2. Social desirability bias—an interest in responding to survey questions that align with cultural values and expectations—can cause respondents to exaggerate responses that align with culturally condoned behaviors or valued experiences or to under-report stigmatized acts or experiences (Miller et al., 2015). As a result, data reflect experiences or personal attributes perceived to be more socially accepted or desirable rather than the respondent’s truthful experiences.

  3. There are no right or wrong answers, but there are true and untrue answers. The existing literature argues that questions of a sensitive nature (i.e., questions subject to social desirability bias) threaten response accuracy and lead to systematic reporting (i.e., exaggerating socially desirable experiences and behaviors and underreporting less desirable ones). Tourangeau and Yan even argue the more sensitive the question, the greater the likelihood of misreporting (Tourangeau & Yan, 2007).

Key Points
  • Audio Computer-Assisted Self-Interview (ACASI) provides respondents with privacy and confidentiality. It has been used by researchers administering surveys of a sensitive nature and is widely regarded as a useful tool in reducing social desirability bias in responses to sensitive surveys. However, ACASI has never been used to measure school-related gender-based violence (SRGBV), a survey normally administered face to face (FTF), among primary school–aged children.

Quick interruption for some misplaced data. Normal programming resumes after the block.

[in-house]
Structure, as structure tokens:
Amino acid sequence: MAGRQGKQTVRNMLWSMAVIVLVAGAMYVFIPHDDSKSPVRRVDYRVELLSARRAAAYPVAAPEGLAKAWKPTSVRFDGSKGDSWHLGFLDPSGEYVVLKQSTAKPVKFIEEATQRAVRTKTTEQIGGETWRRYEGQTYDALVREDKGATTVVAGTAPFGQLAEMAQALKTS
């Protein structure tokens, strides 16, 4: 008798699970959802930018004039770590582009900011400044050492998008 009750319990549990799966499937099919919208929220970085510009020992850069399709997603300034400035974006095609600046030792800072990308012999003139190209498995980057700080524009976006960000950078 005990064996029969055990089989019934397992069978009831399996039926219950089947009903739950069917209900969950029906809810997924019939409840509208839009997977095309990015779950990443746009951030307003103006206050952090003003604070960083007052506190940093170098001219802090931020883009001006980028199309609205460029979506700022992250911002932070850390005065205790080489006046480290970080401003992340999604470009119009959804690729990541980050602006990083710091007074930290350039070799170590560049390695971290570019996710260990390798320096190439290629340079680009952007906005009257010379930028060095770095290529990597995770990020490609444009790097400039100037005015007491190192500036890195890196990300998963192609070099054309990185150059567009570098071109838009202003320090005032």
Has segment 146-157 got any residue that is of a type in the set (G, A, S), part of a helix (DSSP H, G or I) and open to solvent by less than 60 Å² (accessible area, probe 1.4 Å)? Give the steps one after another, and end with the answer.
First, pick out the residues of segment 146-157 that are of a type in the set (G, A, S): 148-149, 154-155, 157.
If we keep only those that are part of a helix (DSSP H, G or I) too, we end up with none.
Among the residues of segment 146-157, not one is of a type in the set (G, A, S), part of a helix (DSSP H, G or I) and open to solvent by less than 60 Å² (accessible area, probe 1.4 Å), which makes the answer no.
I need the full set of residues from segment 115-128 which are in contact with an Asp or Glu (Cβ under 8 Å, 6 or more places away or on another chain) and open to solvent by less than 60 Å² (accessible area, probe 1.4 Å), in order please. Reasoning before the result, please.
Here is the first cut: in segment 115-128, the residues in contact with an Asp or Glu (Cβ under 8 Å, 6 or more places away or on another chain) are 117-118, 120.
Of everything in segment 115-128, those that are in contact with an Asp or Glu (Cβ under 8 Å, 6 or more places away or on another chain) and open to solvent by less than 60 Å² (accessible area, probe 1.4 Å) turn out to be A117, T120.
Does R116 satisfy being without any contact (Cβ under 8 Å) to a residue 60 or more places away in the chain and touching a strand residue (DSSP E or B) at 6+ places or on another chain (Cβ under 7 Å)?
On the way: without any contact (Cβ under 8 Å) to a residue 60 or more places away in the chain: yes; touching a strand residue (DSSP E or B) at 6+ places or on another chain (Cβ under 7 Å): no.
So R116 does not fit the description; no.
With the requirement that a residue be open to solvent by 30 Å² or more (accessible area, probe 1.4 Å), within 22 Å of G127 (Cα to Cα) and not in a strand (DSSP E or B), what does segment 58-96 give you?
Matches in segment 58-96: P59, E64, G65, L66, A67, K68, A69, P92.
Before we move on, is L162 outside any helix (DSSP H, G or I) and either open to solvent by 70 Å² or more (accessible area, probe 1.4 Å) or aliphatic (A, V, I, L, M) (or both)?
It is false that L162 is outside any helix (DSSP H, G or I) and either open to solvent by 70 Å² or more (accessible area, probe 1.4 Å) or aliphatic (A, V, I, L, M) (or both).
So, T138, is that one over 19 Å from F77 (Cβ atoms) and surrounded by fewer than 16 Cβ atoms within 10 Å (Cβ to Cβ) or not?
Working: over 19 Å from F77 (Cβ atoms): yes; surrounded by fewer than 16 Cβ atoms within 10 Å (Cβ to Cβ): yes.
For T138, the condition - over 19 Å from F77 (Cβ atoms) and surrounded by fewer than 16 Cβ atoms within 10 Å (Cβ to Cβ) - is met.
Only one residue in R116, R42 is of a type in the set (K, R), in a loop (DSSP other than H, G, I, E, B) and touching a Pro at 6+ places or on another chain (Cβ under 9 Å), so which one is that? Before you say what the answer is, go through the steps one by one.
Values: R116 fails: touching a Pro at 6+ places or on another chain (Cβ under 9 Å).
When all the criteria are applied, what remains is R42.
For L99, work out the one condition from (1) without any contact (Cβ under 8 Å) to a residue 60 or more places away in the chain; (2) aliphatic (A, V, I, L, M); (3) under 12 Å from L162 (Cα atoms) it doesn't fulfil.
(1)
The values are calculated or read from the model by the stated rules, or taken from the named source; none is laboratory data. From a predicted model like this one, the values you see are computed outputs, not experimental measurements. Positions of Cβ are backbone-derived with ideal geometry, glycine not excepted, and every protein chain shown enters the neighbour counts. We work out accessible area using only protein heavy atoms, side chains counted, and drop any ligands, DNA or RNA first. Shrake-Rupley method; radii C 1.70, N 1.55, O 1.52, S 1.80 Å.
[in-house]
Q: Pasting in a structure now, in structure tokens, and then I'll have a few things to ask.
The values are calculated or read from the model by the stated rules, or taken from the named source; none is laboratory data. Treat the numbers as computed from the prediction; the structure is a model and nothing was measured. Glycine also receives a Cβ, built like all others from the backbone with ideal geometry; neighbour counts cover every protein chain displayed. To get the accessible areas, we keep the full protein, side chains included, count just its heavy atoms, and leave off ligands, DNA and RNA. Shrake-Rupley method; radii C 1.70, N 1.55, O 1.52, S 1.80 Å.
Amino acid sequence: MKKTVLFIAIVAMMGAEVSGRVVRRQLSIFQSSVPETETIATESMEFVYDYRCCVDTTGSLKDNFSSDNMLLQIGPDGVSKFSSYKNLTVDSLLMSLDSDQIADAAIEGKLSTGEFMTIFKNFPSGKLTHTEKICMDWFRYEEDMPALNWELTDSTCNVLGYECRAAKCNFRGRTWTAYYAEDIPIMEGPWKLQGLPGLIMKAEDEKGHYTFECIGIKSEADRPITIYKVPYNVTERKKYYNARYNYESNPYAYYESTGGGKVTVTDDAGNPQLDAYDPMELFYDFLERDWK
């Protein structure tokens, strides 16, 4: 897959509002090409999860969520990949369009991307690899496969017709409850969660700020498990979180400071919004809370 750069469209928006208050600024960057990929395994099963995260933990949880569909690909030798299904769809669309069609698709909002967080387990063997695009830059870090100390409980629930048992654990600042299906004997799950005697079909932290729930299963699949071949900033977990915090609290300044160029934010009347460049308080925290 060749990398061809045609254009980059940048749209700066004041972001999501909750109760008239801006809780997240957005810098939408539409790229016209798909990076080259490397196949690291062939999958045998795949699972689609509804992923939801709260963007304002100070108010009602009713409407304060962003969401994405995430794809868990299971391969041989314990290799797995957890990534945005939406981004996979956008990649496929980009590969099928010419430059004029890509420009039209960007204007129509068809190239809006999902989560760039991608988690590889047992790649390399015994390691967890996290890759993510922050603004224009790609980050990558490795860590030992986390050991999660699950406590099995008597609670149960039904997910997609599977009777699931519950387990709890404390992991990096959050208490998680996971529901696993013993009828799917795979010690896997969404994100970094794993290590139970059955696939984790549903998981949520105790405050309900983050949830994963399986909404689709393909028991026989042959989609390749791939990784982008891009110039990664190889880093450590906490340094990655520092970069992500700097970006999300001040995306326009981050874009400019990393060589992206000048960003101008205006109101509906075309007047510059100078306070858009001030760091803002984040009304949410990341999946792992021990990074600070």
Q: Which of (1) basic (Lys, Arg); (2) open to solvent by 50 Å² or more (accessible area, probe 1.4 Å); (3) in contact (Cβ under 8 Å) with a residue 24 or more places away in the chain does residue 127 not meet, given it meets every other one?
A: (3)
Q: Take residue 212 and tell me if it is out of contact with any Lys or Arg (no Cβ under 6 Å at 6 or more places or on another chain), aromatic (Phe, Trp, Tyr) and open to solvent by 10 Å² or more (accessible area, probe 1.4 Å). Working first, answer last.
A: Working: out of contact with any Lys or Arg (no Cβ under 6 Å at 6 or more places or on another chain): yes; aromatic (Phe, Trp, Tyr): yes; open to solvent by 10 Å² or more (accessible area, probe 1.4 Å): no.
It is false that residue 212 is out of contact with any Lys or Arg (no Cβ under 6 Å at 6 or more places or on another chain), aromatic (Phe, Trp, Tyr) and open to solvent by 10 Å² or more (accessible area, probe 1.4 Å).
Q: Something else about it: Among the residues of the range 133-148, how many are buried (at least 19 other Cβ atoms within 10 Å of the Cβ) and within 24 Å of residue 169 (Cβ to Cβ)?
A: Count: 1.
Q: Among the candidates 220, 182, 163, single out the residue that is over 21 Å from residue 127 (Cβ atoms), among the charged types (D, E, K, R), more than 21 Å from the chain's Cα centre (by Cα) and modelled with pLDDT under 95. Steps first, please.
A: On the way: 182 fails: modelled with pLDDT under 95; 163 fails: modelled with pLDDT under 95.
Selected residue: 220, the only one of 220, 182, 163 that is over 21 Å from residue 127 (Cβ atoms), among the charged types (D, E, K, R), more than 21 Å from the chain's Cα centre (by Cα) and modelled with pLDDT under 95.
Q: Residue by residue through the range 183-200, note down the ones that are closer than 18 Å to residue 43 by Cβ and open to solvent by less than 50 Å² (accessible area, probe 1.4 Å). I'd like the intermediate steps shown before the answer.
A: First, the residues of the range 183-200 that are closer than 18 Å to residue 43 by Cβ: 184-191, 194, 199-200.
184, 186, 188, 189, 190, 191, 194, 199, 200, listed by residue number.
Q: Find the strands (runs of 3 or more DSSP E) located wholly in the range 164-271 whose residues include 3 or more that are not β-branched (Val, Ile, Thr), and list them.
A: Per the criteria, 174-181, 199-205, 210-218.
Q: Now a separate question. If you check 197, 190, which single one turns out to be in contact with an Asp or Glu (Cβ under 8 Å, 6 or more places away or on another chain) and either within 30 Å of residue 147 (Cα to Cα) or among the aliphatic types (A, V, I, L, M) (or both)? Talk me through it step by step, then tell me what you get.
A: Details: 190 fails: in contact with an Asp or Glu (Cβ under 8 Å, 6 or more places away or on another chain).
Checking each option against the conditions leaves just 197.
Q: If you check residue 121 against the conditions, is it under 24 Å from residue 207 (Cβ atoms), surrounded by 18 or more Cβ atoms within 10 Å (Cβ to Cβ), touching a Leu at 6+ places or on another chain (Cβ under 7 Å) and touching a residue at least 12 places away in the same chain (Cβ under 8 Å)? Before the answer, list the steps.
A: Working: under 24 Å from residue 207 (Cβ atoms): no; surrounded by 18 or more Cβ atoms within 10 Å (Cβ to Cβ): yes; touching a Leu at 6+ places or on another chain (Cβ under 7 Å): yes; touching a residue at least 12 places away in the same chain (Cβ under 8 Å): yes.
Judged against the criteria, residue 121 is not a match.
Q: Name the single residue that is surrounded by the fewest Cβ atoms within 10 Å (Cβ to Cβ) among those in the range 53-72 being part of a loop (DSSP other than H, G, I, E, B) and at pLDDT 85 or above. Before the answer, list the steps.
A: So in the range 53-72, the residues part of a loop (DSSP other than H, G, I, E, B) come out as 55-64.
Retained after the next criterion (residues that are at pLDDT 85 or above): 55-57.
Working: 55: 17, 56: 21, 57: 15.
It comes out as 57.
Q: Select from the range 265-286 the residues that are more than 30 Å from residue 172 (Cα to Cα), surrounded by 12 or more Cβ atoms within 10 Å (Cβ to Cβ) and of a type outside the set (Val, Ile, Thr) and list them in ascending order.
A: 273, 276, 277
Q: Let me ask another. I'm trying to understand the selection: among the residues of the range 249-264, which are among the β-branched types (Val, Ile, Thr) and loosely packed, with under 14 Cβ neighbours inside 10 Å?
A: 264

• A large-scale study was conducted in Uganda in 2019, where surveys on school climate, gender attitudes, social-emotional learning (SEL), and experiences of violence were administered to Primary Grade 3 pupils. These four different surveys of varying sensitivity were used to observe differences in responses across the ACASI and FTF administration types, with experiences of violence being the most sensitive.